Radio France Internationale

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Radio France internationale
Type International public broadcaster
Country France
Availability
Founded 1975
Owner Government of France through France Médias Monde
Channel 971
  • Channel 551
  • Channel 552 (RFI Musique)
Affiliation
Official website
www.rfi.fr
Logo of Radio France internationale from 1996 till june 2013.

Radio France Internationale generally referred to by its acronym RFI, is a French public radio service that broadcasts in Paris and all over the world. With 35.6 million listeners in 2008, it is one of the most listened to international radio stations in the world, along with BBC World Service, Voice of America and Deutsche Welle.

RFI broadcasts 24 hours per day across the world in French and in 12 other languages in FM, shortwave, medium wave, cable, on Worldspace and on rfi.fr. It is a channel of the state company, France Médias Monde (RFI – France24 – MCD).[1]

RFI was created in 1975 as part of Radio France by the Government of France, and replaced the Poste Colonial (created in 1931), Paris Mondial (1938), Radio Paris (1939), RTF Radio Paris (1945) and ORTF Radio Paris (1965). In 1986 the French Parliament changed the law to allow RFI to operate independently of Radio France.

RFI operates under the auspices and primary budget of the French Minister of Foreign Affairs. It broadcasts primarily in French, but also in English, Kiswahili, Hausa, Spanish, Portuguese, Romanian, Russian, Persian, Chinese, Vietnamese and Cambodian. It also owns Monte Carlo Doualiya (formerly Radio Monte Carlo Middle East), which produces Arabic programmes in Paris, and airs them from a transmitter in Cyprus to audiences across the Middle East and North Africa.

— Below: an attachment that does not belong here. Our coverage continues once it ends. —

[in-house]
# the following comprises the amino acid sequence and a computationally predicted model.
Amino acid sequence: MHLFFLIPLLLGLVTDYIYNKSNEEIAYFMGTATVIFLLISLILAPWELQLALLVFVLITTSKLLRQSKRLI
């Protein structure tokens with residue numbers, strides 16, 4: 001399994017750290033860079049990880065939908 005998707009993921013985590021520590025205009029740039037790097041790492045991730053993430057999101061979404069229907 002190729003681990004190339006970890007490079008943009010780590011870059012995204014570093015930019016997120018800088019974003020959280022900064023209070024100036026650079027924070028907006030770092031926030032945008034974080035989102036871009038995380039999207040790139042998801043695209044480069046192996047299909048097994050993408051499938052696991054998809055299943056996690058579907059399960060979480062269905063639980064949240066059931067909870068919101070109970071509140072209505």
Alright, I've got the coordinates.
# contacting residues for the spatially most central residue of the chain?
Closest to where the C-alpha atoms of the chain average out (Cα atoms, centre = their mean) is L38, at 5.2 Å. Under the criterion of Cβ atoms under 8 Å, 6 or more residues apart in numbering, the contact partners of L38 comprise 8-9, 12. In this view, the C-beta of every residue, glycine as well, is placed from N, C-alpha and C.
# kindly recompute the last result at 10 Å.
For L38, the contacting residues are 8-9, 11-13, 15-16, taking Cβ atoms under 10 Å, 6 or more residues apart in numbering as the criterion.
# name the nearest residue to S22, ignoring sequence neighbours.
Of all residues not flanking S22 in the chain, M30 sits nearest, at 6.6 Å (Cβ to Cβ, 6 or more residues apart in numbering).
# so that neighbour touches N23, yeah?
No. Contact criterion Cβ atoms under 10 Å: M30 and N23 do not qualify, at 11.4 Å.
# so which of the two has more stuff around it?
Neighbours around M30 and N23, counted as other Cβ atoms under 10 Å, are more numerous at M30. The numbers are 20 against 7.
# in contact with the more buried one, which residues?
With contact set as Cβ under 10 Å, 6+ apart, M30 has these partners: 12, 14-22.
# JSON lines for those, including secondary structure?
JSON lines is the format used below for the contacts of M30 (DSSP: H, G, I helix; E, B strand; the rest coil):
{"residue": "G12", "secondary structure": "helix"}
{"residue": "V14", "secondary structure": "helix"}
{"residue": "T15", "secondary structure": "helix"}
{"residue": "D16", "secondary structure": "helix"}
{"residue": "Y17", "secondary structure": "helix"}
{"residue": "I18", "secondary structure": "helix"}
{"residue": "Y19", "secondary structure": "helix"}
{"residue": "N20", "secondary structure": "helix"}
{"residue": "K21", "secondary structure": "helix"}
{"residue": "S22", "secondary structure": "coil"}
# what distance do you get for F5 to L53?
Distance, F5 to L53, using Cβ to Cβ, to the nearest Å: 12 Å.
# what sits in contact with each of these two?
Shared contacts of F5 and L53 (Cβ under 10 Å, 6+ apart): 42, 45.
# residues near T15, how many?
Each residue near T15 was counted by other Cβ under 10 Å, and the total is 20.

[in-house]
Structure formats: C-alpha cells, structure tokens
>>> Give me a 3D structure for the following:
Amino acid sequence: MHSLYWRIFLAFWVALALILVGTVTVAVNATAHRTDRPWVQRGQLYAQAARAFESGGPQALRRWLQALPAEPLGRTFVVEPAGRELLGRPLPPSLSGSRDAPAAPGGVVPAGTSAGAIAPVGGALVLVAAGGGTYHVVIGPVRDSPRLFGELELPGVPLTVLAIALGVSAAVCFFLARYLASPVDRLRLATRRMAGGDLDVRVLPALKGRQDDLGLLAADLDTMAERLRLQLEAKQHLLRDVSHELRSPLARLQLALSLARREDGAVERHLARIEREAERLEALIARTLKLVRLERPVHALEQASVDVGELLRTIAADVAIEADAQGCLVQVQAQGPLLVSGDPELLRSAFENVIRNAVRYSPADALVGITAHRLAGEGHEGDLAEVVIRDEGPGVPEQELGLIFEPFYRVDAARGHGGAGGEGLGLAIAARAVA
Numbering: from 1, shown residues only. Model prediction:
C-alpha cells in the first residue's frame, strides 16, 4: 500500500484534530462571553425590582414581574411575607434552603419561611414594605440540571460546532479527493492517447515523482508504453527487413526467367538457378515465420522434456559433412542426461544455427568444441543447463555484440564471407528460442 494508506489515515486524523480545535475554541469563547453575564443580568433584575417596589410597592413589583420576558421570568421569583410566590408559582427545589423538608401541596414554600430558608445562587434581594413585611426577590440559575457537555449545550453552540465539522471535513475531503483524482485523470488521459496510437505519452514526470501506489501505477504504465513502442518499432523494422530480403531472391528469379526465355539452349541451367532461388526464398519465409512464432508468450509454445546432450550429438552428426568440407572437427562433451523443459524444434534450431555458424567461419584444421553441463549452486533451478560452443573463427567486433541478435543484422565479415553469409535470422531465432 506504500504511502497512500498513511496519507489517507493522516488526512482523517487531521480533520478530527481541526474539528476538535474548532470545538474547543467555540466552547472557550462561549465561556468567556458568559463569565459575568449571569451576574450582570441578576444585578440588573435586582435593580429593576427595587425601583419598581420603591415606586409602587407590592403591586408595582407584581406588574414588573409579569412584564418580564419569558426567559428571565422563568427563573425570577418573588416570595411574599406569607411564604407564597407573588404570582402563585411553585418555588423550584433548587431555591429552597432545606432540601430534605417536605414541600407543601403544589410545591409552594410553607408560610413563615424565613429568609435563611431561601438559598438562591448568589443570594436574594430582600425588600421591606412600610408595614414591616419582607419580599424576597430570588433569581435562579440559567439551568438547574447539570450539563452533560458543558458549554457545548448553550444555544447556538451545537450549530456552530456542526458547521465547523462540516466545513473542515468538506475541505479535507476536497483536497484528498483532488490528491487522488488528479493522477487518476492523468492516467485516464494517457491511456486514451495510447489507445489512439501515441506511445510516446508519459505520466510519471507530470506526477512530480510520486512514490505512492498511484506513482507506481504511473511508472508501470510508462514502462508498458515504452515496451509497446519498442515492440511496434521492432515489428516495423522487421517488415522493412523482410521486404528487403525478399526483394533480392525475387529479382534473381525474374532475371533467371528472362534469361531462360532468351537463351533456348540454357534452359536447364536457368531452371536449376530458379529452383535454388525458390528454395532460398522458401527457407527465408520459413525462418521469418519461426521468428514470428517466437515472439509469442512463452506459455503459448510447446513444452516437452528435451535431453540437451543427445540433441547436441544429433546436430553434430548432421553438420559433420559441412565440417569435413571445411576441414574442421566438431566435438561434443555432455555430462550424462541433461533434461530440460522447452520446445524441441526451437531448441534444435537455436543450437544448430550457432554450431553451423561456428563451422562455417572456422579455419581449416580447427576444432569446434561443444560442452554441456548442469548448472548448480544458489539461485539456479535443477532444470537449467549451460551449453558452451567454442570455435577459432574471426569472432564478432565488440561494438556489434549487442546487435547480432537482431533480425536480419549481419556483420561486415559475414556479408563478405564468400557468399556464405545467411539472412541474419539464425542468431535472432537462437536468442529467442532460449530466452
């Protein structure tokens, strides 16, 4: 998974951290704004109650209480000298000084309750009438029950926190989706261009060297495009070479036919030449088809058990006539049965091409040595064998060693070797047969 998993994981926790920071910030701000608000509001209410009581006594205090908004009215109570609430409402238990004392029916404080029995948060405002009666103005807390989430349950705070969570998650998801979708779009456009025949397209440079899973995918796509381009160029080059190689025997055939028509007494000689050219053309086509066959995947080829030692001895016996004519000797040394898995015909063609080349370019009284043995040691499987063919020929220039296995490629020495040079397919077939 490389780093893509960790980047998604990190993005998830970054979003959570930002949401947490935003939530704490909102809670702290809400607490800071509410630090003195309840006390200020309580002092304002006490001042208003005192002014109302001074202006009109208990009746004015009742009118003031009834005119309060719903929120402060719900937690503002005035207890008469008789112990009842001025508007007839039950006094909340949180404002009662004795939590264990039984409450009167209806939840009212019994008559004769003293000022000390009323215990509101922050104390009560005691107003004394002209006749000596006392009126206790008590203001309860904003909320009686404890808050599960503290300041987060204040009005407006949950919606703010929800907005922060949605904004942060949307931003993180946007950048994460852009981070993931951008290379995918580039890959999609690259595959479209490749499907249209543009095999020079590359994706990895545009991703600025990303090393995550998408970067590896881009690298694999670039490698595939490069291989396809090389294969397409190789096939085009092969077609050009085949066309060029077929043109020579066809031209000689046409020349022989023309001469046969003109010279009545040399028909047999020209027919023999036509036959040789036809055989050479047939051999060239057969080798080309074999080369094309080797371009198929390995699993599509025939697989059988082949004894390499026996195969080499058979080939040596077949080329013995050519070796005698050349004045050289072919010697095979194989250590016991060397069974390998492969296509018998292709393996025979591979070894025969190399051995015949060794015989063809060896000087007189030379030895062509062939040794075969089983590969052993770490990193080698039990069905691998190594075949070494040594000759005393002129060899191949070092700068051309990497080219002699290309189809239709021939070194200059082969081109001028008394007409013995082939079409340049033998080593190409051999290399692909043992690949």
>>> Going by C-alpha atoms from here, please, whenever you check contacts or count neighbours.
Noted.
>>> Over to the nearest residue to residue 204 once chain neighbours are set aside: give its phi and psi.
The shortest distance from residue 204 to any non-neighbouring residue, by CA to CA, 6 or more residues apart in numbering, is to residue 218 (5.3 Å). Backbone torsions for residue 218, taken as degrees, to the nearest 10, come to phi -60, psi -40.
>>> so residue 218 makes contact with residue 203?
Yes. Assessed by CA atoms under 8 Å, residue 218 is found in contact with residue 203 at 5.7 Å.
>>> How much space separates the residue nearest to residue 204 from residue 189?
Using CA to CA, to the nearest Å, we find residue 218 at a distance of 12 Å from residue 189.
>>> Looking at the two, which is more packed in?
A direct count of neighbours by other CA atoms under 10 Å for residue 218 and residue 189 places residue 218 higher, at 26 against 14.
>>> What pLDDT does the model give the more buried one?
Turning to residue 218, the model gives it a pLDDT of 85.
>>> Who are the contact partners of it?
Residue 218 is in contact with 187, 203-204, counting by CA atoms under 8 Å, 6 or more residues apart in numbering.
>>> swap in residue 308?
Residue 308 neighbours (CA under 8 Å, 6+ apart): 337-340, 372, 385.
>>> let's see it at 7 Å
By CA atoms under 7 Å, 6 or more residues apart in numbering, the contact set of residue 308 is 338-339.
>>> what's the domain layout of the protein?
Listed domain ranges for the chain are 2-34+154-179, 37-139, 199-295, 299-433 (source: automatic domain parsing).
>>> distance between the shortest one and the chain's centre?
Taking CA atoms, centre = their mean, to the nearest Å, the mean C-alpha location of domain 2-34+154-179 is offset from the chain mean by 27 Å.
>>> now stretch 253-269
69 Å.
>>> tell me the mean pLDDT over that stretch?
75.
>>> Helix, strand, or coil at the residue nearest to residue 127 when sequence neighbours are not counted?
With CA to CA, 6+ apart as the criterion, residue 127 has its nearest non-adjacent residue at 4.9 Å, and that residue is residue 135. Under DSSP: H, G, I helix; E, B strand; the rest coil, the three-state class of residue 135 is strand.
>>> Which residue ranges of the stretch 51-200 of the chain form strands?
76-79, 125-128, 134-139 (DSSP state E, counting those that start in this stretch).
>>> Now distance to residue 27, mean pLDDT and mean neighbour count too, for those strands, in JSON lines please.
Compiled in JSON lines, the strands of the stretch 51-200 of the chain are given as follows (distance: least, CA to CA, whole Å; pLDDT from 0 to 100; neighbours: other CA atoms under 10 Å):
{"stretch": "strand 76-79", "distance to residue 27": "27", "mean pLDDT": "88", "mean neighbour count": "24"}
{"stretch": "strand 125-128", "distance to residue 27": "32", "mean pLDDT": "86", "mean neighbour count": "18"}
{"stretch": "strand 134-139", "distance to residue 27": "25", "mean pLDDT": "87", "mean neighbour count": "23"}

English service[edit]

One of the largest foreign language services is the English Service, aimed mainly at Africa. RFI broadcasts for four hours every morning. All of RFI's English broadcasts are available online and for download on the English service website. Information on frequencies for RFI in English can be found here.

Incidents[edit]

On September 17, 2002, Togolese President Gnassingbé Eyadéma tried to stop the broadcasting of an interview with one of his opponents, Agbéyomé Kodjo, by phoning directly to the Elysée Palace. The interview was not censored by Jean-Paul Cluzel, RFI's CEO at the time, due to the coordinated intervention of the journalists' trade-unions. However, a report raising questions regarding the French secret services responsibilities in the 1995 death of judge Bernard Borrel in Djibouti, which was broadcast on May 17, 2005, was later removed from RFI's website for undisclosed reasons, possibly due to the intervention of Djiboutian President Ismail Omar Guelleh.[2]

On 21 October 2003, Jean Hélène was reporting for RFI during the civil war in Ivory Coast when he was killed in Abidjan by police Sergeant Théodore Séry Dago.

Podcasts[edit]

RFI offers a daily podcast in simple French, accessible via iTunes, named 'Journal en français facile'. [1]